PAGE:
Lockheed, Boeing, ATK, GenCorp prepare for deep space exploration

7 January 2014

The four prime contractors of NASA´s space launch system (SLS) and Orion met recently at an industry-team meeting to discuss progress to date and ensure the teams are on track for the 2014 and 2017 launches.

As Lockheed Martin (NYSE: LMT) and NASA prepare for the launch this fall of an uncrewed Orion spacecraft, the SLS industry team is also gearing up for an important year on the path to deep space exploration, including producing flight test hardware and bringing the SLS VAC online at NASA´s Michoud Assembly Facility in New Orleans.

Boeing (NYSE: BA) will begin acceptance testing and confidence welding on the SLS VAC this summer. The VAC welds together sections of the core stage, such as barrels, rings and domes, for a complete cryogenic stage. Boeing is responsible for the design, development, manufacture, test and assembly of the core stage and avionics for the SLS, and remains within budget and ahead of schedule.

Less than two years into the program, Boeing is tracking toward conducting core stage Critical Design Review (CDR) up to five months ahead of schedule with active structures at production capacity and component hardware and software in qualification build and test phases. In partnership with NASA, Boeing continues delivering on-target technical and safety performance and development progress ahead of schedule and within budget.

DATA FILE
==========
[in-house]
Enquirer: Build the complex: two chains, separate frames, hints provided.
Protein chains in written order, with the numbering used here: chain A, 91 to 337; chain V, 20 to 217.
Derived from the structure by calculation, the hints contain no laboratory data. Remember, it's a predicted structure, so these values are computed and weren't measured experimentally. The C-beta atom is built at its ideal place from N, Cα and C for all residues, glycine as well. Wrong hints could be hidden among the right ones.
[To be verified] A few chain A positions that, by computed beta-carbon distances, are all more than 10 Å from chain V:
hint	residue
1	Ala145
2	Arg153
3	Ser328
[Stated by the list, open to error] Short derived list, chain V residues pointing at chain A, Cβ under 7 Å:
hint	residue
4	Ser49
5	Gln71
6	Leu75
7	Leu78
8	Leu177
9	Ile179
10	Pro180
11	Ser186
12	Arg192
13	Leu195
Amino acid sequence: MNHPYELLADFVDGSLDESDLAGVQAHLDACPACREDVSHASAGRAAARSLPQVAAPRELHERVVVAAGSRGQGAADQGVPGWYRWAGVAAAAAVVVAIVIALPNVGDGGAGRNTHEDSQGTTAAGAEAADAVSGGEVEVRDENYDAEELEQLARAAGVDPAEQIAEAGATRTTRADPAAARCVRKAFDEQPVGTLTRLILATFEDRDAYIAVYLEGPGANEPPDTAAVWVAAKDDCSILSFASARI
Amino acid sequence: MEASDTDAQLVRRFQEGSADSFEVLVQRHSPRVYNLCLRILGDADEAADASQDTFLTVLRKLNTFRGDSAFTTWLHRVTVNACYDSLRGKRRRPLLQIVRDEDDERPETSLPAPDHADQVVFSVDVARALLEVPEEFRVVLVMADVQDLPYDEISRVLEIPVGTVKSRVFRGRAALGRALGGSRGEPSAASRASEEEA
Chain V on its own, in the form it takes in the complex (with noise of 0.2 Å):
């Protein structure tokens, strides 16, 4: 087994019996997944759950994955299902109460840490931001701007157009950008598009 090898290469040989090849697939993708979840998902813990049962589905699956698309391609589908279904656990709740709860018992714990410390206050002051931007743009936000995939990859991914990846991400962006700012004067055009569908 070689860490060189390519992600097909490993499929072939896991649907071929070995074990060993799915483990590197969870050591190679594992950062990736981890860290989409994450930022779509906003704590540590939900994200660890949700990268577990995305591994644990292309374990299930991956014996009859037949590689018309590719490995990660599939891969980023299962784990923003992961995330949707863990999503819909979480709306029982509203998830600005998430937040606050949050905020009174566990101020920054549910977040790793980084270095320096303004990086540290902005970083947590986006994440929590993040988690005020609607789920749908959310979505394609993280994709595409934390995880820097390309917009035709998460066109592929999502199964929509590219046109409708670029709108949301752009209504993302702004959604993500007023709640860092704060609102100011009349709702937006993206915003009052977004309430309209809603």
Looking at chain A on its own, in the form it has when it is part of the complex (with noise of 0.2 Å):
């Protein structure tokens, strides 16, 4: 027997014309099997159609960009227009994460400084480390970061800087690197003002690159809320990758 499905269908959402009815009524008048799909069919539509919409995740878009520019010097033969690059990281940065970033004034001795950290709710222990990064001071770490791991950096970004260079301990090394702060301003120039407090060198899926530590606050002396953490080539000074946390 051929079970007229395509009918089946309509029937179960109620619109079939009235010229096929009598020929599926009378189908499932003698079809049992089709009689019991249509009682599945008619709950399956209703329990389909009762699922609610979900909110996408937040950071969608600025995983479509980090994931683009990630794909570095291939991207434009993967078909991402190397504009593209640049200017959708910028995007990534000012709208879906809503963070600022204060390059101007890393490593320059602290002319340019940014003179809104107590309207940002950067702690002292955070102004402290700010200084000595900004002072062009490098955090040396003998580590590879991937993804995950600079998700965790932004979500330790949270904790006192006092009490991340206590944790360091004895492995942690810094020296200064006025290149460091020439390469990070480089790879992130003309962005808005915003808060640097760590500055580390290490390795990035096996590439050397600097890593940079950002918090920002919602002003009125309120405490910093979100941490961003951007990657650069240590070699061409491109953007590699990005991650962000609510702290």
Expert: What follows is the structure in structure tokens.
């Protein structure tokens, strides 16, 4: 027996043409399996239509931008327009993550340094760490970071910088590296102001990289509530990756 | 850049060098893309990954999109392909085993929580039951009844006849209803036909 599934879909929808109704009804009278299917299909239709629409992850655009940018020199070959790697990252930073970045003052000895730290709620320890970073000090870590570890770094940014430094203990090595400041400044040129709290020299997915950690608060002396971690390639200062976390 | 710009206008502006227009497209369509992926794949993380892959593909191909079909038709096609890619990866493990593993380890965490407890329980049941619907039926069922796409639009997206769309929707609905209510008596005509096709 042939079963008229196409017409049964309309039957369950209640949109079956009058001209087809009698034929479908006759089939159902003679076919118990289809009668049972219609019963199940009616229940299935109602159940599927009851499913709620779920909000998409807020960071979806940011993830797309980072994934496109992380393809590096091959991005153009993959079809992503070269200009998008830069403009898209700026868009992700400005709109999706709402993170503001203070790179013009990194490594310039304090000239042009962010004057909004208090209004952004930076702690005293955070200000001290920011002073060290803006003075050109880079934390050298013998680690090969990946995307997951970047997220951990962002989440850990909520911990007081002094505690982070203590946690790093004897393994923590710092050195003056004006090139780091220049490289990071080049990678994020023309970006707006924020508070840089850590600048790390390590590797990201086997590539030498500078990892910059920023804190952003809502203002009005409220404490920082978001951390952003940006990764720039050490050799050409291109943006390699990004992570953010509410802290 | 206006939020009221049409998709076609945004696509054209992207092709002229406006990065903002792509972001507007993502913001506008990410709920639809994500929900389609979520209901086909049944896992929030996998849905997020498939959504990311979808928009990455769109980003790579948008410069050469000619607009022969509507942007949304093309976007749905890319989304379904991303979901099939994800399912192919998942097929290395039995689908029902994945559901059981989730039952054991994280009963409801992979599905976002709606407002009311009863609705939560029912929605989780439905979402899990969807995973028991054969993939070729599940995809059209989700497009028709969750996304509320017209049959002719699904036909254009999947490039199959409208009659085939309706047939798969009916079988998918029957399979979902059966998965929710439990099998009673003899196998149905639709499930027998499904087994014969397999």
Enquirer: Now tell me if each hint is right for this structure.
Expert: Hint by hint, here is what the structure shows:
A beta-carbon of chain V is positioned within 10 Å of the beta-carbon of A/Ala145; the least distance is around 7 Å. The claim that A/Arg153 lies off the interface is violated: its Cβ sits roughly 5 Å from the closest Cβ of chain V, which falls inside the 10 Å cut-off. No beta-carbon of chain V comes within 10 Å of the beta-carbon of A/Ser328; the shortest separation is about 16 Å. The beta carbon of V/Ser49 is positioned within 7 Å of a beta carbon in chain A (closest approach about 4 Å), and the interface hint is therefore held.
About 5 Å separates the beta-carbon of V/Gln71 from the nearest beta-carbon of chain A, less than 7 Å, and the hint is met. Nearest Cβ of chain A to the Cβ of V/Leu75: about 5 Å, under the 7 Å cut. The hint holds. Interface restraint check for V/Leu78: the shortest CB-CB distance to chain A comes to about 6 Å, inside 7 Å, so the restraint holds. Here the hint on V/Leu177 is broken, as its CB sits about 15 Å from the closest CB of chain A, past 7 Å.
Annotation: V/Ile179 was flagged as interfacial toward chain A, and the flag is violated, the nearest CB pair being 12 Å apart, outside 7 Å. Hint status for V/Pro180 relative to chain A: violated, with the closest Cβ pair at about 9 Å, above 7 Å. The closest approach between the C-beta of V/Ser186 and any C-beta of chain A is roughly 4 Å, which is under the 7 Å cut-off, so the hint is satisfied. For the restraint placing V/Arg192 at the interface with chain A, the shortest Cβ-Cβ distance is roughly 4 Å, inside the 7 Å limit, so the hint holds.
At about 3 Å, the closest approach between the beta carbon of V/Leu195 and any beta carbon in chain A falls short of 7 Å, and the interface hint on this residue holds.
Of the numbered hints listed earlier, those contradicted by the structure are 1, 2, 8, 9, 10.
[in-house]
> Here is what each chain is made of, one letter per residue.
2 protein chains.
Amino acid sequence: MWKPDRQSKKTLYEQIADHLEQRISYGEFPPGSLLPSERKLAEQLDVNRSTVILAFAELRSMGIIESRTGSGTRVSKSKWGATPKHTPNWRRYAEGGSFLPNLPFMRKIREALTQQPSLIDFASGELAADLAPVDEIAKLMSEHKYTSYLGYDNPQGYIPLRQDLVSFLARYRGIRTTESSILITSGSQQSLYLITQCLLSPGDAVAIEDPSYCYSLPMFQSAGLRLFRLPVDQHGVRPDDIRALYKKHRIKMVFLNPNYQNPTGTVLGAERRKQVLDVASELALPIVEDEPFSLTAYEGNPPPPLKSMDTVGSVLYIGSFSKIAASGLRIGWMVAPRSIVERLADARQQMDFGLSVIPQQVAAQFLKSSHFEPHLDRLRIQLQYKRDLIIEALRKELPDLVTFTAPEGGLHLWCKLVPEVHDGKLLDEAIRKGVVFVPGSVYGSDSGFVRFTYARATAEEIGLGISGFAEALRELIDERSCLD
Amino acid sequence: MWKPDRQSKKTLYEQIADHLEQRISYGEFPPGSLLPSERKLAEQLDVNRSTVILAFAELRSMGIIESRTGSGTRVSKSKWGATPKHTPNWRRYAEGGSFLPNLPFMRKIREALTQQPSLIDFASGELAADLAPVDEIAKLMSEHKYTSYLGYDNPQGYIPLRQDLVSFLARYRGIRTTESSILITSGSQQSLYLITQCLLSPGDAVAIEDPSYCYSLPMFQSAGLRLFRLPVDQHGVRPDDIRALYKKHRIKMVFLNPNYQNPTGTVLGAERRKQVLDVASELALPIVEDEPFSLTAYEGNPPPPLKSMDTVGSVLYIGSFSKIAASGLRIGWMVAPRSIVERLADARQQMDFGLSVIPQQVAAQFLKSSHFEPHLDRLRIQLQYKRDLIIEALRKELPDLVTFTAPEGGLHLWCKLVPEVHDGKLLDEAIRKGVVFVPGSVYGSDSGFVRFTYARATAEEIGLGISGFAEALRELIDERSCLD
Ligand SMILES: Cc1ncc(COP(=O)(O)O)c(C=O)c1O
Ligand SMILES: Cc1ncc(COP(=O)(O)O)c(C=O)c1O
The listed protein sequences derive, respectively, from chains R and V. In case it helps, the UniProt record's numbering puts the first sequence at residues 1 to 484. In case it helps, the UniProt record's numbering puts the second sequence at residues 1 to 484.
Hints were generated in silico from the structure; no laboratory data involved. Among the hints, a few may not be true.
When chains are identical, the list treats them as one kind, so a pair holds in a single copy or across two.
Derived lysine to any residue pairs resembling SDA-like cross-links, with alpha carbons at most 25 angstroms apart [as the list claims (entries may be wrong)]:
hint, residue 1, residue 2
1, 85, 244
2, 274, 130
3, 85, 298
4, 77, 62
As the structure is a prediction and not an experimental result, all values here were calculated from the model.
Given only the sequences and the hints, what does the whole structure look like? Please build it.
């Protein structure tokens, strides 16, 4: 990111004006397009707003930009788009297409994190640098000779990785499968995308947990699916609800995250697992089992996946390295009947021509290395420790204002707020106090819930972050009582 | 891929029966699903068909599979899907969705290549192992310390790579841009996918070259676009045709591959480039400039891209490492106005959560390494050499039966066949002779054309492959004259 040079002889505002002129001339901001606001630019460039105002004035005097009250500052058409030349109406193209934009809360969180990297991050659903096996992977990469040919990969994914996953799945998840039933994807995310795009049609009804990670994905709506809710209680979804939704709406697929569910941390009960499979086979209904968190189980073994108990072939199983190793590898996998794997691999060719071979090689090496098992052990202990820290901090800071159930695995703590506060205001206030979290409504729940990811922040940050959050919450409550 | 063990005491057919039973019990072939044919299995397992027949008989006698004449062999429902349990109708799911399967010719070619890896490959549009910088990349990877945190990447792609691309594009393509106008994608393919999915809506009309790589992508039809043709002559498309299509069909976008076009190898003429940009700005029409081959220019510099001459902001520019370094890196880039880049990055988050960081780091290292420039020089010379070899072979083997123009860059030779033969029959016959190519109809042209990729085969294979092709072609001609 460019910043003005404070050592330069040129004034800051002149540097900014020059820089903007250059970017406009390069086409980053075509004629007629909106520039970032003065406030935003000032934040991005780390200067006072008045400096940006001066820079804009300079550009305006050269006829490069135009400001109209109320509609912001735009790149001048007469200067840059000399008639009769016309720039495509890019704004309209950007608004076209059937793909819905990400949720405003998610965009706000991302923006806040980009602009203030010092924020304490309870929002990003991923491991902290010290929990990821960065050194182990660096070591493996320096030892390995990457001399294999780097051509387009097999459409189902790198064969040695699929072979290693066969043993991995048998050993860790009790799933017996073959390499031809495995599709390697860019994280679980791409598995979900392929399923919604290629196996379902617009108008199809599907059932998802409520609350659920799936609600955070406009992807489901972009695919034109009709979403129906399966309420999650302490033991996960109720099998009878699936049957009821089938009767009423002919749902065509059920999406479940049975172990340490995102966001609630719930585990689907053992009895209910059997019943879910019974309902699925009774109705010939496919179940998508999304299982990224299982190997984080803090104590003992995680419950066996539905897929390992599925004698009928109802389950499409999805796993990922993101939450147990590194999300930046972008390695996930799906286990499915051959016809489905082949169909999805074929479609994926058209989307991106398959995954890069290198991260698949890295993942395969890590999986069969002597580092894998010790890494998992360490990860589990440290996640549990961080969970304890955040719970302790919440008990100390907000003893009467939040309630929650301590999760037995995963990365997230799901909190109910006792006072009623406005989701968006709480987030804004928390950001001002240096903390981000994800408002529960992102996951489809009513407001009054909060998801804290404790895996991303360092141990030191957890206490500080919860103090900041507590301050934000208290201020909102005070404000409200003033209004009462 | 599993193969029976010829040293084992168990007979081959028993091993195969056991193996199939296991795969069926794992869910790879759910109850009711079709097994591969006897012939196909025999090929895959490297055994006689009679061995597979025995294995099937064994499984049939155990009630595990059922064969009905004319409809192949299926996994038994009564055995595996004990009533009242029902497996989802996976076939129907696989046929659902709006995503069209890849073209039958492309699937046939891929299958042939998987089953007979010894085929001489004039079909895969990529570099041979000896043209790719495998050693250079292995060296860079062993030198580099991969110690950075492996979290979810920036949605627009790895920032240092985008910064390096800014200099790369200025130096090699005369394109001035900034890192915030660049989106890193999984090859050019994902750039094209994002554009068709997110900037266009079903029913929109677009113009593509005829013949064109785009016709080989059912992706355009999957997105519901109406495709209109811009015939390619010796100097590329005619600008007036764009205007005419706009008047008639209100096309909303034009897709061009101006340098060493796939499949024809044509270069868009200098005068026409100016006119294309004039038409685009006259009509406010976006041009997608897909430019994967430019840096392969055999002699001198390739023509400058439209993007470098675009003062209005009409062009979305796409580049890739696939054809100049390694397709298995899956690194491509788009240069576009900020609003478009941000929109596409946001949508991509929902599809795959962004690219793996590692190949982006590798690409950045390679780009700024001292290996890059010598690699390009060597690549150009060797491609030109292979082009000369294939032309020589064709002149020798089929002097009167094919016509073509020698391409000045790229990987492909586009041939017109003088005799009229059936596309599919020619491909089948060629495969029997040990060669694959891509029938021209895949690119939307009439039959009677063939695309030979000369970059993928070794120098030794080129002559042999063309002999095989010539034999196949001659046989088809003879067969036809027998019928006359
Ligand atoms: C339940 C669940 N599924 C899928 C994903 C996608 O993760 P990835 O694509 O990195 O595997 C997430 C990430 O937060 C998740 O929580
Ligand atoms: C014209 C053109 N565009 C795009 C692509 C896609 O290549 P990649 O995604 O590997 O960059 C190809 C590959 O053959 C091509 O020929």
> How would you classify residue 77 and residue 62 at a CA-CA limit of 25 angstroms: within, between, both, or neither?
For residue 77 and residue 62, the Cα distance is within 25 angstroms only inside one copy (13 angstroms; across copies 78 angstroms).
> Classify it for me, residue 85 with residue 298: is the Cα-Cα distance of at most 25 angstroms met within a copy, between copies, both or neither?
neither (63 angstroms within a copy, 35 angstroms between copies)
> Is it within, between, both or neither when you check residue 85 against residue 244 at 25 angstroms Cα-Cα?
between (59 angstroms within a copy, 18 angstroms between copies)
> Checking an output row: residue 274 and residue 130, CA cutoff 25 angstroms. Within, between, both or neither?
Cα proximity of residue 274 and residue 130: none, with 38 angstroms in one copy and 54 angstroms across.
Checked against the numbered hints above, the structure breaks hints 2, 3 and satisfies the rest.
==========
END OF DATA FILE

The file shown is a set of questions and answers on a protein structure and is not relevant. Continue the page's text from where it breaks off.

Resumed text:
ATK´s (NYSE: ATK) SLS booster program is on schedule to meet the 2017 launch date. In 2014, ATK will conduct a full-scale ground test as well as component design reviews. The company has effectively incorporated lean manufacturing in consolidation of processes, procedures and facilities. ATK has reduced the booster manufacturing time by 46 percent and is building the rocket with one-fourth the work force that was required for the space shuttle.

Aerojet Rocketdyne, a GenCorp (NYSE: GY) company, will conduct its first SLS RS-25 core stage engine hot fire test in July of this year, three months ahead of schedule. This adaptation testing series of the RS-25 will demonstrate the engine can perform under SLS mission conditions. Additionally, the RS-25 engine controller recently completed a CDR and integrated testing is underway. The company continues to make significant progress toward SLS affordability by consolidating its manufacturing footprint by 60 percent, demonstrating advanced low-cost additive manufacturing technologies, and securing a sustainable supply chain using common key suppliers.

To learn more about the SLS and Orion teams, visit: Aerojet Rocketdyne at www.rocket.com; ATK at www.atk.com; Boeing at www.boeing.com; and Lockheed Martin at www.lockheedmartin.com/us/products/orion.html.

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